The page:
LAKELAND, Fla. (WFLA) – A Lakeland parent said he sends his son to school everyday in fear something terrible is going to happen.
Sean Freyer contacted WFLA, upset over several incidents involving his autistic 7-year old son, Tyler, who attends the Valley View Elementary School.
Freyer said they moved this year so he had to transfer to the school, and that’s when things started going wrong.
“He did great last year in his classrooms,” the dad told WFLA. “His day was split between a normal classroom and one to meet his needs. The kids in the normal classroom were more open to accepting him.”
Fryer said because of his son’s autism, he can easily be triggered. “He acts on impulses,” the dad said.
Freyer claims his episodes have dramatically increased since he has been in his new classroom.
“There is 11 kids in this class, and to be honest, I don’t think the ESOL teacher is capable of handling him. He will get overstimulated. The only way for him to calm himself down is to remove himself from the situation. So a lot of times that means him running out of the classroom,” he said. “I’m concerned because no one is running after him. His ESOL teacher actually said to me, ‘I’m not going to chase him,’” the dad said.
That’s a big concern for Freyer. “What if he runs out one of these days and something happens to him? I feel like I am failing my son as a parent by not protecting him,” he said.
Things escalated on April 1 when his son walked home from school, crossing 540 A and other busy streets along the way.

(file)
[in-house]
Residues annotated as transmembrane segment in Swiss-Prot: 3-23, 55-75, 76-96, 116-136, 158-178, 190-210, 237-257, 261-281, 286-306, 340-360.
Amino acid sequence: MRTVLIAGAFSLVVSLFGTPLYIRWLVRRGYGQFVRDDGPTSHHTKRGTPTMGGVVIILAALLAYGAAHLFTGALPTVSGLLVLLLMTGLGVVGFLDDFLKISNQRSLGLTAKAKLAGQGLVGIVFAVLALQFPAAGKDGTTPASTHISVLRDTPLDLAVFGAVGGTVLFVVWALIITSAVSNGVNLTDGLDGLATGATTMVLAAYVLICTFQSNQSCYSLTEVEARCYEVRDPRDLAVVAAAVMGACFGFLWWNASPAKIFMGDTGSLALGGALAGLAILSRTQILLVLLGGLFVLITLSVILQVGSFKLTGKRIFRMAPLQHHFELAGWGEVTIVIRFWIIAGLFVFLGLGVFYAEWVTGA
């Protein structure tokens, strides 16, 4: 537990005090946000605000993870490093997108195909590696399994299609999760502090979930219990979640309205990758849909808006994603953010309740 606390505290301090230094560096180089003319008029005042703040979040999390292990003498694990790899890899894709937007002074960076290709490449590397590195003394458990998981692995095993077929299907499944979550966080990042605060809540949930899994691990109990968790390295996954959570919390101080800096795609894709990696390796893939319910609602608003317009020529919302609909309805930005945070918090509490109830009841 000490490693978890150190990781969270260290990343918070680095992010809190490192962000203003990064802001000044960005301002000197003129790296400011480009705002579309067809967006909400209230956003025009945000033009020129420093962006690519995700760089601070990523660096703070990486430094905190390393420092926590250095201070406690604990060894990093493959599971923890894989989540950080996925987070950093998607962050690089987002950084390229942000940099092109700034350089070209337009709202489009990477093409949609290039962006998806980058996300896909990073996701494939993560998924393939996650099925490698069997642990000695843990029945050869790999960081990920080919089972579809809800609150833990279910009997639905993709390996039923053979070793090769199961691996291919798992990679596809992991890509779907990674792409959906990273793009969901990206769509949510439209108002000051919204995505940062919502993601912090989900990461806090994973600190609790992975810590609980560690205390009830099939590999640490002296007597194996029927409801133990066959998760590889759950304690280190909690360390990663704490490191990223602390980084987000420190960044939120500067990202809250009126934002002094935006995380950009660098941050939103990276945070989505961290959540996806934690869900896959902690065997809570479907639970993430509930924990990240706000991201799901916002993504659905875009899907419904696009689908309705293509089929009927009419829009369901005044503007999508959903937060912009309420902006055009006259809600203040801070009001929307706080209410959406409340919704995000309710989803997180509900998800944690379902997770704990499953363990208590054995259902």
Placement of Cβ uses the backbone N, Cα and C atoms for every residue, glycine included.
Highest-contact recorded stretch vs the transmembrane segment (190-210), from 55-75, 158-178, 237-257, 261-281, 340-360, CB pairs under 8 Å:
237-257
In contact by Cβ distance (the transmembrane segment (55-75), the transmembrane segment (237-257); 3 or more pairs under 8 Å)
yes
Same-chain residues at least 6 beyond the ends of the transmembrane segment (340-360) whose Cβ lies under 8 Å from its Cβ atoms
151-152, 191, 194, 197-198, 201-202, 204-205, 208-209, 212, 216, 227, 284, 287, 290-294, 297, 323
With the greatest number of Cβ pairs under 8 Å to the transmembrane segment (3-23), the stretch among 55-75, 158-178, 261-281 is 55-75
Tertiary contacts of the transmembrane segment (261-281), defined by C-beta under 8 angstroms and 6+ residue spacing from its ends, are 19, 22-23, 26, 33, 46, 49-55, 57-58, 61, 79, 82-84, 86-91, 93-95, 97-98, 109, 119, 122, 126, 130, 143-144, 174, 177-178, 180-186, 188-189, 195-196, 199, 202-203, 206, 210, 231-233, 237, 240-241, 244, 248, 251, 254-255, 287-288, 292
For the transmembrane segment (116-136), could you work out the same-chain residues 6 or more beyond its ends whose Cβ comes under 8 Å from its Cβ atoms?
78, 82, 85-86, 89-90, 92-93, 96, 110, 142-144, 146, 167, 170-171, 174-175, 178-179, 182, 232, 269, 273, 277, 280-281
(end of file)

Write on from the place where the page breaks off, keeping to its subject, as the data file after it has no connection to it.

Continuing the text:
“They knew he has been attending an after-school program. But, my 7-year-old autistic son was somehow allowed to walk home by himself. The principal seemed shocked by a phone call at 3:30 p.m. when my son arrived home. She said she had no idea he walked home. If I had been off that day, and no one was home, it would have been after 6 before we knew Tyler wasn’t at his after-school program. He could have been kidnapped or killed,” Freyer said, in tears.
The dad told WFLA he has contacted the school for three months trying to get action, but after several meetings, he feels he hasn’t gotten any help.
“The school district has refused to properly meet his needs,” said Freyer, who wants the district to transfer his son to another classroom. “This teacher hasn’t even been reprimanded for allowing him to walk home.”
WFLA contacted the Polk County School District. Board member Hazel Sellers oversees that particular portion of the district. She was reluctant to talk about any particular student.
“I was briefed on the matter, and I am told it is being handled. We might not be able to do exactly what the parents want because of money constraints, or other legal constraints, but for the most part, in my experience, our district responds and does everything they can,” Sellers said.
“When children have to cross busy roads, there’s a few people there to assist them with crossing,” she added. “I would say anytime special needs children, in any case, I see our district trying to put every effort into making sure that every child is safe.”
Freyer said after WFLA contacted the district, he was contacted by a representative with the school. He is still not sure what will be done but is hopeful his son will be able to switch schools.
The news station also called the Polk County School District: An official emailed this statement:
“Polk County Public Schools cares about the concerns of parents and students. Our centers of learning, including Valleyview Elementary, respond to concerns, and attempt to work with parents and students to resolve them.
Due to laws regarding the confidentiality of student records, we cannot discuss matters related to specific students and how situations involving specific students are being addressed.
However, school and district staff member are willing to discuss with parents and guardians how situations are being addressed as well as transfer options that may be available to them.”
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